(3) It should be observed that those who are now opposing the orphan homes and homes for the aged as now organized are not unaware of the obligation we sustain to the children and aged persons already in these homes. The plea is not to turn these persons out on the world, but to restudy these matters and perform our obligation to them and others like unto them in a scriptural rather than an unscriptural manner.

Appeal To The Galleries

Brother Woods' appeals to emotion and prejudice which are so prominently displayed in his introductory articles are unworthy of a man of his ability. Why not appeal to reason and truth. As has been shown, the time was when he himself entertained the same views regarding benevolent organizations under institutional boards that those whom he by implication consigns to the ranks of hobbyists and cranks now entertain. Furthermore, his views concerning the support of Christian colleges from the treasury of the local church are identical with the views of those whom he thus stigmatizes while diametrically opposed to the well known position of the Gospel Advocate and its editor. Brother Woods well knows that his editor considers those who entertain such views as "Johnnie-come-lately Sommerites." Wherever one turns, he meets the question: "What has happened to Guy N. Woods?" Perhaps, our brother will tell us. We shall see.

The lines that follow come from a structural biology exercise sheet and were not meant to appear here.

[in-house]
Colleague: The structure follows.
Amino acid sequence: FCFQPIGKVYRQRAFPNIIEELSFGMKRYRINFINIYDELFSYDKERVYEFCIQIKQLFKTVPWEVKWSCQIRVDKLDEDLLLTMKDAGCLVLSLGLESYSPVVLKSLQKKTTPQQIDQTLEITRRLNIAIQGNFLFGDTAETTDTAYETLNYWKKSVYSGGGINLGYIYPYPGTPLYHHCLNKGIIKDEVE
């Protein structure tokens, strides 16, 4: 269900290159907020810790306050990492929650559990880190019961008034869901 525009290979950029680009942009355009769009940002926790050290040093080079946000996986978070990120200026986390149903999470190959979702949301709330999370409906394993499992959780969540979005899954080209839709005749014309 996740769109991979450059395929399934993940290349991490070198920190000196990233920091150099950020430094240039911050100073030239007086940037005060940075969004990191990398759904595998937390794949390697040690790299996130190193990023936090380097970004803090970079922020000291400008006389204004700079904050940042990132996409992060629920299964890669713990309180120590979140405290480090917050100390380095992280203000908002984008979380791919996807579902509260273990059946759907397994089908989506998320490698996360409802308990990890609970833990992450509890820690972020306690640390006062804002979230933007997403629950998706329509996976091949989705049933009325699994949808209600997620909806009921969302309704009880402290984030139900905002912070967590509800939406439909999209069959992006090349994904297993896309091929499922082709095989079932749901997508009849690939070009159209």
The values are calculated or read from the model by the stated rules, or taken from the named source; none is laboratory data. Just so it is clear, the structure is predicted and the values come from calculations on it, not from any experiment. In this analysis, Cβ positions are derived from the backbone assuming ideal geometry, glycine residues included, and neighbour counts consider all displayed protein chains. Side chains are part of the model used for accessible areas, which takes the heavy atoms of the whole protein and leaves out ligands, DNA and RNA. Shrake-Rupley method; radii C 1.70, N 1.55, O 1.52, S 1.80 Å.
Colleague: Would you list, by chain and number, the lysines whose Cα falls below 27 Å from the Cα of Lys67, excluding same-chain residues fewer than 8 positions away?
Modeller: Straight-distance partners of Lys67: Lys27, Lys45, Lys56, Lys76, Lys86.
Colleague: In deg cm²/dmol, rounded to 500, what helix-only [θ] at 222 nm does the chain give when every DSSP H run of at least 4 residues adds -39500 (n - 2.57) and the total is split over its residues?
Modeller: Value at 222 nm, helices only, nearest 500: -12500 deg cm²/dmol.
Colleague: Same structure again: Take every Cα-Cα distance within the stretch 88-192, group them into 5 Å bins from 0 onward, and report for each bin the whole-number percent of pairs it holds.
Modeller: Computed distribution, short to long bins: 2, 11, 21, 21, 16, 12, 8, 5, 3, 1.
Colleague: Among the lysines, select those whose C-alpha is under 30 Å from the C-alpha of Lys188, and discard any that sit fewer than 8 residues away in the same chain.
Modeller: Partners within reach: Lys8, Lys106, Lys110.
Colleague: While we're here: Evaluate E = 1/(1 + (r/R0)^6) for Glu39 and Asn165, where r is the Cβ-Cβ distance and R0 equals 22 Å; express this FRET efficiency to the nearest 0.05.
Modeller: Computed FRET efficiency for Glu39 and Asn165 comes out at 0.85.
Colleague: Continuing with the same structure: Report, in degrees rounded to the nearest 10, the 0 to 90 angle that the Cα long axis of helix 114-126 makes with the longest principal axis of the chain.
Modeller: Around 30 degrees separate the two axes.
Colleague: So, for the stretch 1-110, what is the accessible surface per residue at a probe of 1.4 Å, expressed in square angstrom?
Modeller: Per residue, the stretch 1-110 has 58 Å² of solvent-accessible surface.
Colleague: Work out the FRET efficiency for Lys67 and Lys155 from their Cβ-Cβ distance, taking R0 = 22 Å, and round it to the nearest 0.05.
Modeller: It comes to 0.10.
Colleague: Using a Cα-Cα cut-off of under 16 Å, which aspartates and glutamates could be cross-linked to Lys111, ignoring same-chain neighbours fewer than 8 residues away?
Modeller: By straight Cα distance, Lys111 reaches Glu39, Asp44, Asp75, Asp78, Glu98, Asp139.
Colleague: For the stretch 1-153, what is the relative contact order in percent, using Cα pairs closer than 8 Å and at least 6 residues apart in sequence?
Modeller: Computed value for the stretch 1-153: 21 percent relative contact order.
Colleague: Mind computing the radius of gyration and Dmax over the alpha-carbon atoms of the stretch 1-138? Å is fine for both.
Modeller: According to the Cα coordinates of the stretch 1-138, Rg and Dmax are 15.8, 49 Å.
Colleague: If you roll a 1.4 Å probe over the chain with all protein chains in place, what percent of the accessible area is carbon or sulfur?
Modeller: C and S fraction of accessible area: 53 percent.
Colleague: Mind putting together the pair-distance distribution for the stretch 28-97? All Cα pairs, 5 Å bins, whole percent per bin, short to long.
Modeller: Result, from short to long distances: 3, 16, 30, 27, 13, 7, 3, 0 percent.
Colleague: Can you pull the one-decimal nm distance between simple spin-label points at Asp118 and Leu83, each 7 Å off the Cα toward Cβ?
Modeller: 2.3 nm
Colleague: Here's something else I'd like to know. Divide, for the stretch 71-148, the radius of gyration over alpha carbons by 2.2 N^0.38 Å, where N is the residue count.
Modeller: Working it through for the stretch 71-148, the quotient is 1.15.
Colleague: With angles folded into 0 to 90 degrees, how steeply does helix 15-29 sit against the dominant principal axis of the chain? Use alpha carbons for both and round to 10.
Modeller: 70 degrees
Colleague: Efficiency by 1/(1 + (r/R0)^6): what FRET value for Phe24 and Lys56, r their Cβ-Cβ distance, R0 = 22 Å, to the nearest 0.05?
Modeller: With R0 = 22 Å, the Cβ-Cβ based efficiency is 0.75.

Article number one is dosed with a touching appeal to prejudice and emotions by saying, "It is nothing less than tragic that from a single one of life's unfortunates even so much as a cup of cold water is withheld when it may be bestowed in the name of Christ." Need we remind Brother Woods that nothing is done "in the name of Christ" which is not done by his authority? The same kind of plea can be made by proponents of the missionary societies with reference to the salvation of dying souls.

Finding The Strays And Losing The Herd

It would be exceedingly unwise for a rancher to concentrate on finding his strays while losing the entire herd. This seems to be Brother Woods' manner of dealing with the issue before us. He deals principally with side issues and superficialities which, while they have bearing on our problems, in no sense constitute the real issues involved. A good example of this is found in his statement in article one, "The abuse of a practice does not carry with it a legitimate objection to its proper use." In this statement, I concur most heartily. Brother Woods may have read or heard somewhere at sometime from someone an argument to the contrary. We must confess that we never have. No representative man now opposing "our" benevolent societies has ever been guilty of making such an argument. Other instances in which Brother Woods avoids the issue to discuss trivialities will be noted as we continue.


It will suffice to say for this time that Brother Woods cannot camouflage his manifest metamorphosis by uncomplimentary allusions, implications, and sarcasms. Look for a continuation of this review under the title "Faith or Philology, Which?"